Yang’s speech places the onus of change on the Asian community to encourage their kids to pick up a “camera” rather than a “violin.”
I couldn't possibly talk about this guilt with my parents or my peers, so instead, I bottled these feelings up and turned on myself, leading a double life.
But a new Department of Education initiative could help.
The idea all Asians do well in school is a dangerous stereotype.
Asian-Americans are perceived as perpetual foreigners. Asian-Americans have been here for generations. Hardly anybody acknowledges that. Asian-Americans themselves are unaware. We have been written out of history books. There were Asian soldiers on both sides of the Civil War.
For many of our black peers, their everyday lived experiences confirm the pervasiveness of white supremacy. This, however, is an opportune time to dialogue with my Asian peers, many of whom actively distance themselves from discussions around race.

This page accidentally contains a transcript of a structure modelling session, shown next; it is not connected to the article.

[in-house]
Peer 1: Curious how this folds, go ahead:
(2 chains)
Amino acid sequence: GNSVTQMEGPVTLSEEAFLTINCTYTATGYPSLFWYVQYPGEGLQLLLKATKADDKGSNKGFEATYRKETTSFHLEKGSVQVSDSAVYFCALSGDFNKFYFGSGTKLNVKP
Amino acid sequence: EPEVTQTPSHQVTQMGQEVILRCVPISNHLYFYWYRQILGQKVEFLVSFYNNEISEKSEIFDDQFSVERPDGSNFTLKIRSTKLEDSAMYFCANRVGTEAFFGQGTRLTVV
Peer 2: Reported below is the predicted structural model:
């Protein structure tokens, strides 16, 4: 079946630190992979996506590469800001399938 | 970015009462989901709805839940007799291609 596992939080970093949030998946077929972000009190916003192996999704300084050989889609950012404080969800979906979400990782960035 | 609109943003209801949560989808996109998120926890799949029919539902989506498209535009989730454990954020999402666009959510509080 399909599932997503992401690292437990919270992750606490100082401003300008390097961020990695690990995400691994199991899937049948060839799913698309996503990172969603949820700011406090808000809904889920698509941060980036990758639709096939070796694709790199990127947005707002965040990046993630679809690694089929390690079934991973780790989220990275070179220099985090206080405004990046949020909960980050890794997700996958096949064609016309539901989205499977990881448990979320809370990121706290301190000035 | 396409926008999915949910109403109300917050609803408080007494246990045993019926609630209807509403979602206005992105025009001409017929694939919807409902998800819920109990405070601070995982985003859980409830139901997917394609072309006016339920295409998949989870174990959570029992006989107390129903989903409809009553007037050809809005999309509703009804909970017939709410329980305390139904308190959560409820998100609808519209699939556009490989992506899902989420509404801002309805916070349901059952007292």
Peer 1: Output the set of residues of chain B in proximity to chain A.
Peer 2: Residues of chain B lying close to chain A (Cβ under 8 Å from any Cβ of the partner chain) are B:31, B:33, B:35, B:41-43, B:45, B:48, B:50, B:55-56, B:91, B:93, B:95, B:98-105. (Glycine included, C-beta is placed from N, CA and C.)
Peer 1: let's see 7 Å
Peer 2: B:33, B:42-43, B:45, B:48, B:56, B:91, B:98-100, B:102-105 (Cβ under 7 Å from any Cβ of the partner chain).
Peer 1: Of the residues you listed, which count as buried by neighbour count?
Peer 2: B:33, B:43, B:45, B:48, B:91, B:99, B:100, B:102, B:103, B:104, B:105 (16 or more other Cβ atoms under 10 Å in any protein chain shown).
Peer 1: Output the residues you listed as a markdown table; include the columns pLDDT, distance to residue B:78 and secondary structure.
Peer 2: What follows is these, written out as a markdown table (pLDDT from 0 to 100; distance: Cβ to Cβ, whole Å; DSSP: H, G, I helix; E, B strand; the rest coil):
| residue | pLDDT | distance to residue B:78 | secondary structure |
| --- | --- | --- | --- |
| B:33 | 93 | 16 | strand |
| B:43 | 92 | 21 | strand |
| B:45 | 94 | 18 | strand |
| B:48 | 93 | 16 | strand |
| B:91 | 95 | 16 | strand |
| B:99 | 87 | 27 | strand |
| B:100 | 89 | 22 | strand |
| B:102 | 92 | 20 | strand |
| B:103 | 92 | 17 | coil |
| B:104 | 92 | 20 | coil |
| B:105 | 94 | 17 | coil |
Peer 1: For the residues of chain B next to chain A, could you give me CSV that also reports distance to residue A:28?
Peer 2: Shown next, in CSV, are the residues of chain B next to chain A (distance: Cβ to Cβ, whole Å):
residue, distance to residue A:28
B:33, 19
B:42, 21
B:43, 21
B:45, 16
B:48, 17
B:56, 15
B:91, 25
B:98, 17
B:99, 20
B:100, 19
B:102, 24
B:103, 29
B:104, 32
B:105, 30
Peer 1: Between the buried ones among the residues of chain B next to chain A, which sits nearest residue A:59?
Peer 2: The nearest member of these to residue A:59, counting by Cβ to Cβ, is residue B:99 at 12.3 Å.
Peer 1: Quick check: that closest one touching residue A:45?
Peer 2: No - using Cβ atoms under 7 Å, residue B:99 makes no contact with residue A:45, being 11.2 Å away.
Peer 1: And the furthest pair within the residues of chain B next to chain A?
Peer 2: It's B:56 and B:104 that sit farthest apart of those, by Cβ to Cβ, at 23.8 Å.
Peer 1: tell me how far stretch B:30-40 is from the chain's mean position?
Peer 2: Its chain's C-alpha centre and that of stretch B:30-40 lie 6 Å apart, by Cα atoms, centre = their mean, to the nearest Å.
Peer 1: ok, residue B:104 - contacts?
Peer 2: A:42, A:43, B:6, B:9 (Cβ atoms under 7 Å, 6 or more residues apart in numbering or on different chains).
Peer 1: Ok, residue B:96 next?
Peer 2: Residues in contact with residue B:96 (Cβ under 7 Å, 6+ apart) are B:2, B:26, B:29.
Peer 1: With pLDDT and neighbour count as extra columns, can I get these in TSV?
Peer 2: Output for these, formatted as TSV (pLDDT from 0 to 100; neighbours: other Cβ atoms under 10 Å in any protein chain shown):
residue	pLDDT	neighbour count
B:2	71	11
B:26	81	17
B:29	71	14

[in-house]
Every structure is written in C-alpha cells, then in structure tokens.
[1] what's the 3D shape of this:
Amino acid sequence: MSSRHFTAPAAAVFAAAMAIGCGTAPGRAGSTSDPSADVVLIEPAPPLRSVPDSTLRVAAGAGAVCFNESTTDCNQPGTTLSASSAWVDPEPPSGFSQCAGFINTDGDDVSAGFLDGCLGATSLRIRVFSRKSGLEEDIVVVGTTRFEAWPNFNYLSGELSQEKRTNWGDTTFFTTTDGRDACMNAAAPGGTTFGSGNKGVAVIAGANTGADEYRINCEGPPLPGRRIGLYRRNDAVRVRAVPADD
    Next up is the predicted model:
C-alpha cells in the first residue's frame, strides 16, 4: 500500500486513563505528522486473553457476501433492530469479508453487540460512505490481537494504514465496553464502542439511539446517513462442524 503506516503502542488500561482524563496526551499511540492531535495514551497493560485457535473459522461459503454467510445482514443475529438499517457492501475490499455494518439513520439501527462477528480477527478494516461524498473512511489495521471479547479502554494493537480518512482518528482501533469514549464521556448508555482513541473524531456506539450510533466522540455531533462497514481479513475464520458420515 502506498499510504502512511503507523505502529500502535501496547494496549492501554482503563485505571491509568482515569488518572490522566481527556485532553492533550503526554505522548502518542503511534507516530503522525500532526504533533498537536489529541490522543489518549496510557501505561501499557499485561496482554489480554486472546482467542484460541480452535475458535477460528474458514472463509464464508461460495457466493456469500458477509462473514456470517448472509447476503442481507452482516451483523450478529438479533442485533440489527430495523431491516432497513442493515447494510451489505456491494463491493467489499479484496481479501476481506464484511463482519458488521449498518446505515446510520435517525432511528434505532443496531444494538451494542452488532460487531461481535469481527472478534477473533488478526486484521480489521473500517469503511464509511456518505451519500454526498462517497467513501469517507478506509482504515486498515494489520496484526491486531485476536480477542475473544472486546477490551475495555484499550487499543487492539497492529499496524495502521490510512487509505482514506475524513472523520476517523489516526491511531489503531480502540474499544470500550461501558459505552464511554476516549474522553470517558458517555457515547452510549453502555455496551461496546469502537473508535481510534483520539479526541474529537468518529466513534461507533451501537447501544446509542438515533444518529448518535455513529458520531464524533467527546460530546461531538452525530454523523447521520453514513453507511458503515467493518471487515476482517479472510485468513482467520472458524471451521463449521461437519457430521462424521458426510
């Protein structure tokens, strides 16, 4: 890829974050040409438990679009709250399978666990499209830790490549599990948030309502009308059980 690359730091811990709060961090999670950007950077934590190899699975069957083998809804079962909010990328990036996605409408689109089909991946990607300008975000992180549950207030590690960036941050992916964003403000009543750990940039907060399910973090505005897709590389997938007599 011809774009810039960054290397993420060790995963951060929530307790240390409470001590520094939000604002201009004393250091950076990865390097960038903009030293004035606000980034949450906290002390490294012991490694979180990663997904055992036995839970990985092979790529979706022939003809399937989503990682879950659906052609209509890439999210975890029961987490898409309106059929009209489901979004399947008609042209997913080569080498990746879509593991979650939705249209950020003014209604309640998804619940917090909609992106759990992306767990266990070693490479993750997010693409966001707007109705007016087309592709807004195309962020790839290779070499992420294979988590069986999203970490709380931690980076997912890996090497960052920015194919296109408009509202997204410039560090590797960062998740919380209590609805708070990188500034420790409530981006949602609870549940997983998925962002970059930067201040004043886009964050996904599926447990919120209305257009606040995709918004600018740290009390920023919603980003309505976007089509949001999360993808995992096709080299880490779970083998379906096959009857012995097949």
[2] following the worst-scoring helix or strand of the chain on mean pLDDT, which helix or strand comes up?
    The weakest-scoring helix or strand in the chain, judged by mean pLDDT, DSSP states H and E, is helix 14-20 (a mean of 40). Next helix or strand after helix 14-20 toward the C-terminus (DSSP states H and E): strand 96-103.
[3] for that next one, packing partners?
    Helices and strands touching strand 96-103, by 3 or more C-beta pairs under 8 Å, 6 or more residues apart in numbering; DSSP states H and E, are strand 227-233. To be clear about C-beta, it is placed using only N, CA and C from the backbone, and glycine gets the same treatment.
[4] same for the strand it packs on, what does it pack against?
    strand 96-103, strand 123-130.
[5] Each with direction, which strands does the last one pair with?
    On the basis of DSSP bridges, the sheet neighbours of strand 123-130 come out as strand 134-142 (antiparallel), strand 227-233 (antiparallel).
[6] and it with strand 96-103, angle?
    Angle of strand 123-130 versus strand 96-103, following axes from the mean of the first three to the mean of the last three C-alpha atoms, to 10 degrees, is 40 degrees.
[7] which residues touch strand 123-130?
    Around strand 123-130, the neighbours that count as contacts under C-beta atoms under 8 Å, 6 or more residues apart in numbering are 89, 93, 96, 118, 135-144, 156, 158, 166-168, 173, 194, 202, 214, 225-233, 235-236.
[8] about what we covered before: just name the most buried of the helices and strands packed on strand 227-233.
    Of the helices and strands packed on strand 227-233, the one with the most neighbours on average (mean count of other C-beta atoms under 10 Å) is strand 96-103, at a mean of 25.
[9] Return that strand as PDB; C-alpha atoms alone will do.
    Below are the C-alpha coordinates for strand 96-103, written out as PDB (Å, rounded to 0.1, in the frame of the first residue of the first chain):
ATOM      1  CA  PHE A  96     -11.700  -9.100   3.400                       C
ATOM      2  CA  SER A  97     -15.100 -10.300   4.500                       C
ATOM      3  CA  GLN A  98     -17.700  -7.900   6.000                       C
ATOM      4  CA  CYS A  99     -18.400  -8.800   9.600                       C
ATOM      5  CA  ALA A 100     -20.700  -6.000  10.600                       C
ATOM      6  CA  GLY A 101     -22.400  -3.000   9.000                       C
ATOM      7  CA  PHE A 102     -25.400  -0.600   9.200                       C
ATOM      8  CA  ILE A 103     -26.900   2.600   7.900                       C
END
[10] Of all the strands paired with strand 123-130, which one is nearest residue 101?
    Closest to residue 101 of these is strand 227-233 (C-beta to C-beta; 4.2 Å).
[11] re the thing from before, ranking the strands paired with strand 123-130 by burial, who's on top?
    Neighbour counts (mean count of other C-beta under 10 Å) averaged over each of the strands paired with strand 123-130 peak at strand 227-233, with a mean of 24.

Why our culture finds it so hard to situate someone who's neither black nor white.
A social media campaign challenges the model minority myth.
Stereotyping AAPIs as just one model minority results in individual groups' needs not being acknowledged, understood or met.
I celebrate the success, resilience, brilliance and hard work ethic of the Asian American community, while acknowledging that we have a long way to go before racial justice is achieved for ourselves and everyone else. So let's continue doing what we've always done -- working hard and knocking down walls.
The "model minority" label makes things worse for large sections of these communities, because their needs are often overlooked or misunderstood and then rarely addressed in government programs and by social-service organizations. Lack of disaggregated data perpetuates this label.